Sunday, June 8, 2008

Spin Master Takes Its Toys on Tour

One of the hottest toys in stores this year owes its success to a marketing campaign straight from the Eisenhower era.

Last summer, teams of college interns roamed the Canadian countryside in large, colorful vans introducing children at summer camps and local fairs to Bakugan Battle Brawlers, a game played with small plastic balls that snap open into monsters when rolled across magnetic trading cards.

The trip took place months before the toys were available in stores or advertised on television, but it generated plenty of under-age word of mouth. When the toys hit stores in September, they sold out almost immediately, and even today retailers struggle to keep them in stock.

Genuine hits in the toy industry are rare these days, particularly for products like Bakugan that need some explaining and lack familiar characters. But the company behind the product is Spin Master, a 14-year-old toy seller known for a grass-roots approach to marketing and a nimble strategy that has brought it a string of successes.

In 2007, Spin Master’s sales grew by more than 60 percent, while the $22 billion toy industry experienced a 2 percent dip in sales, according to the NPD Group, a research company. Some Spin Master toys that are not new, like Moon Sand, Tech Deck and Air Hogs, were among the top sellers, according to NPD.

Last month, as a line formed in front of the Toys “R” Us in Times Square to buy the latest hot video game — Nintendo’s Wii Fit — store employees wearing Bakugan T-shirts helped shepherd the crowd. That morning, the actual Bakugan Battle Brawler capsules were sold out in the store, though ancillary products, like the arena for battling, were available. [...] All Toys “R” Us outlets are featuring Battle Brawlers in “end caps,” which are prominent displays at the end of an aisle.

To introduce Battle Brawlers, Spin Master chose the touring-van approach after deciding that the game was not easily explained in a 30-second TV commercial — and that the marbles-turned-robots simply look cooler in person than on the screen.

Spin Master has used van tours before, during the 1998 rollout of Air Hogs, a line of tiny remote-controlled helicopters. Back then, the vans visited air shows to find young flight enthusiasts.

For the 2006 release of Moon Sand, a clay-like molding product intended to compete with Hasbro’s Play-Doh, Spin Master introduced a series of direct-response TV ads, the long-form “call now” commercials generally associated with exercise equipment and Ginsu knives.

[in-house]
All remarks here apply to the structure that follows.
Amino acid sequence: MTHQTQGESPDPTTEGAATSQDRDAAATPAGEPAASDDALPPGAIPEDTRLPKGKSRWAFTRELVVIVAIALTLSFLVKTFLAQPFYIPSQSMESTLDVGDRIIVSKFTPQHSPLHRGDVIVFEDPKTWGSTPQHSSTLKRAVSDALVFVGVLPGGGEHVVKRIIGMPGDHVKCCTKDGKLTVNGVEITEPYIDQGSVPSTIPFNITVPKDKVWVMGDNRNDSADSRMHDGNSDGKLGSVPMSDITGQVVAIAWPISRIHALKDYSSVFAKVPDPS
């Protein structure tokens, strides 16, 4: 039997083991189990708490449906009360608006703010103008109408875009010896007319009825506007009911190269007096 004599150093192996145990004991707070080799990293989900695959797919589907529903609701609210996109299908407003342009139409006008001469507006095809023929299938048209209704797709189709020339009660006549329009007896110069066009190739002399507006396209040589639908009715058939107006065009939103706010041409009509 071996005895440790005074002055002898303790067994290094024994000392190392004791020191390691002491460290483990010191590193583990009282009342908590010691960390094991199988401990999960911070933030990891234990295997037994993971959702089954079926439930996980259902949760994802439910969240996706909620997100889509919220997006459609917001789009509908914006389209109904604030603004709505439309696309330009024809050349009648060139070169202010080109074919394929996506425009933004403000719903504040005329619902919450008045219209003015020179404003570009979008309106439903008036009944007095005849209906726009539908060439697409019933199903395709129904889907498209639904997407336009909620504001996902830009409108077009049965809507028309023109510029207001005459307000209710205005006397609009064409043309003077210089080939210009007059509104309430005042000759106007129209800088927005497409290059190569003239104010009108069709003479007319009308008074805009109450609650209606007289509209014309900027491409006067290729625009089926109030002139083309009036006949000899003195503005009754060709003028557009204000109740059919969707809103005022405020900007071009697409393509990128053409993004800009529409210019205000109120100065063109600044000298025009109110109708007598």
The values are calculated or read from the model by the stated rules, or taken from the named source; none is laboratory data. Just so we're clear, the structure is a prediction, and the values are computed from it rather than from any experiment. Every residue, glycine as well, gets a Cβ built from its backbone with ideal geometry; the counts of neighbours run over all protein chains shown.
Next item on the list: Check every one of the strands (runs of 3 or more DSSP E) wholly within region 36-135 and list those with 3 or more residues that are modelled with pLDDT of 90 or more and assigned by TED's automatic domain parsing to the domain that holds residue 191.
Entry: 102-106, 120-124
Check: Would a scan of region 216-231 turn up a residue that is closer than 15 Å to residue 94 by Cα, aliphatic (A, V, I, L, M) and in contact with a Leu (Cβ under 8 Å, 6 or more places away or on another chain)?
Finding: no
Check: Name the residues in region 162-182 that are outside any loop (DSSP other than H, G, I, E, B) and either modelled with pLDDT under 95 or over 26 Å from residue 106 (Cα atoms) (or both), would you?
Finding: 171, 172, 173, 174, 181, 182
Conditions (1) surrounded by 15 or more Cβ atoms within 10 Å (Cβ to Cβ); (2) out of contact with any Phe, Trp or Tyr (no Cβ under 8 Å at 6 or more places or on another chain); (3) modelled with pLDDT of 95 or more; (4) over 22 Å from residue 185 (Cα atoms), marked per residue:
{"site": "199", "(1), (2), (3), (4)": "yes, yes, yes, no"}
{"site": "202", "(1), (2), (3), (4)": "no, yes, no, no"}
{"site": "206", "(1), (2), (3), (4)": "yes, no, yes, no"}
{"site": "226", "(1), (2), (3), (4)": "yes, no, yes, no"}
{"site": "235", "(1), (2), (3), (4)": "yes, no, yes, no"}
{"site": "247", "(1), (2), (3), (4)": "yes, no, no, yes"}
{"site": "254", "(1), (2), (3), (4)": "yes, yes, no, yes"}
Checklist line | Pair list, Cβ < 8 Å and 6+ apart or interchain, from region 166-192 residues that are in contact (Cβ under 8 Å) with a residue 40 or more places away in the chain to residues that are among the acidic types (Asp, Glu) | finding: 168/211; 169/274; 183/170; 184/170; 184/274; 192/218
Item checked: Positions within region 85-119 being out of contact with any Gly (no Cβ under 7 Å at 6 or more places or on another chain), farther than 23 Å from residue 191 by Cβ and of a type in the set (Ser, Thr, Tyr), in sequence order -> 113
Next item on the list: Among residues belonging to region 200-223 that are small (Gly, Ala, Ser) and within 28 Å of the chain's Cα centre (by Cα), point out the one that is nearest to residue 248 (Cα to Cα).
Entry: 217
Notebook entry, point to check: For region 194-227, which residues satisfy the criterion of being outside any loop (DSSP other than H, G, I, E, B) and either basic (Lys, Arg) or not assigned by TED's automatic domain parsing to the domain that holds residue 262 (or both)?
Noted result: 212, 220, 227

Direct-response television “hasn’t generally worked with toys,” Mr. Rabie said, “because kids don’t have credit cards and they aren’t watching TV at 12 o’clock at night.” But for Moon Sand, which appeals to children under 4, the approach found success by selling parents on the idea of easy cleanup and portability.

Gerrick Johnson, a toy industry analyst with BMO Capital Markets, called Spin Master’s infomercial approach “one of the greatest innovations in toy marketing.” The company has
replicated the approach for other items, like the Aqua Doodle Wall Mat, a mess-free board for scribbling.

One new marketing element for Bakugan has been a half-hour TV show on Cartoon Network that was introduced in February. “Regular TV advertising is becoming less effective,” Mr. Rabie said. “Content is king.”

Not that Spin Master doesn’t advertise on TV. Commercials on Saturday morning cartoons are part of its marketing mix, but they tend to play a supporting role.

Another way Spin Master tries to drive up demand is by limiting the inventory it delivers to stores. “Spin Master is managing it very well by not flooding the market,” said Mr. Johnson, the toy industry analyst. This fosters a “treasure hunt” atmosphere that gets children trading the toys as well as shopping for them.

Spin Master spends more than $30 million a year on marketing and almost never uses outside advertising agencies, instead relying on its own department of about 30 people. “That’s been a competitive advantage for us,” Mr. Rabie said. “We understand the product better than anyone else, and we don’t want to delegate that.”

Spin Master’s next marketing frontier is the Web, where it has already found success with YouTube channels that gather communities of children around their products. This summer, the company plans to introduce a virtual world Web site for its Tech Deck toys, a line of finger-operated skateboards.

Article Link (New York Times)

No comments: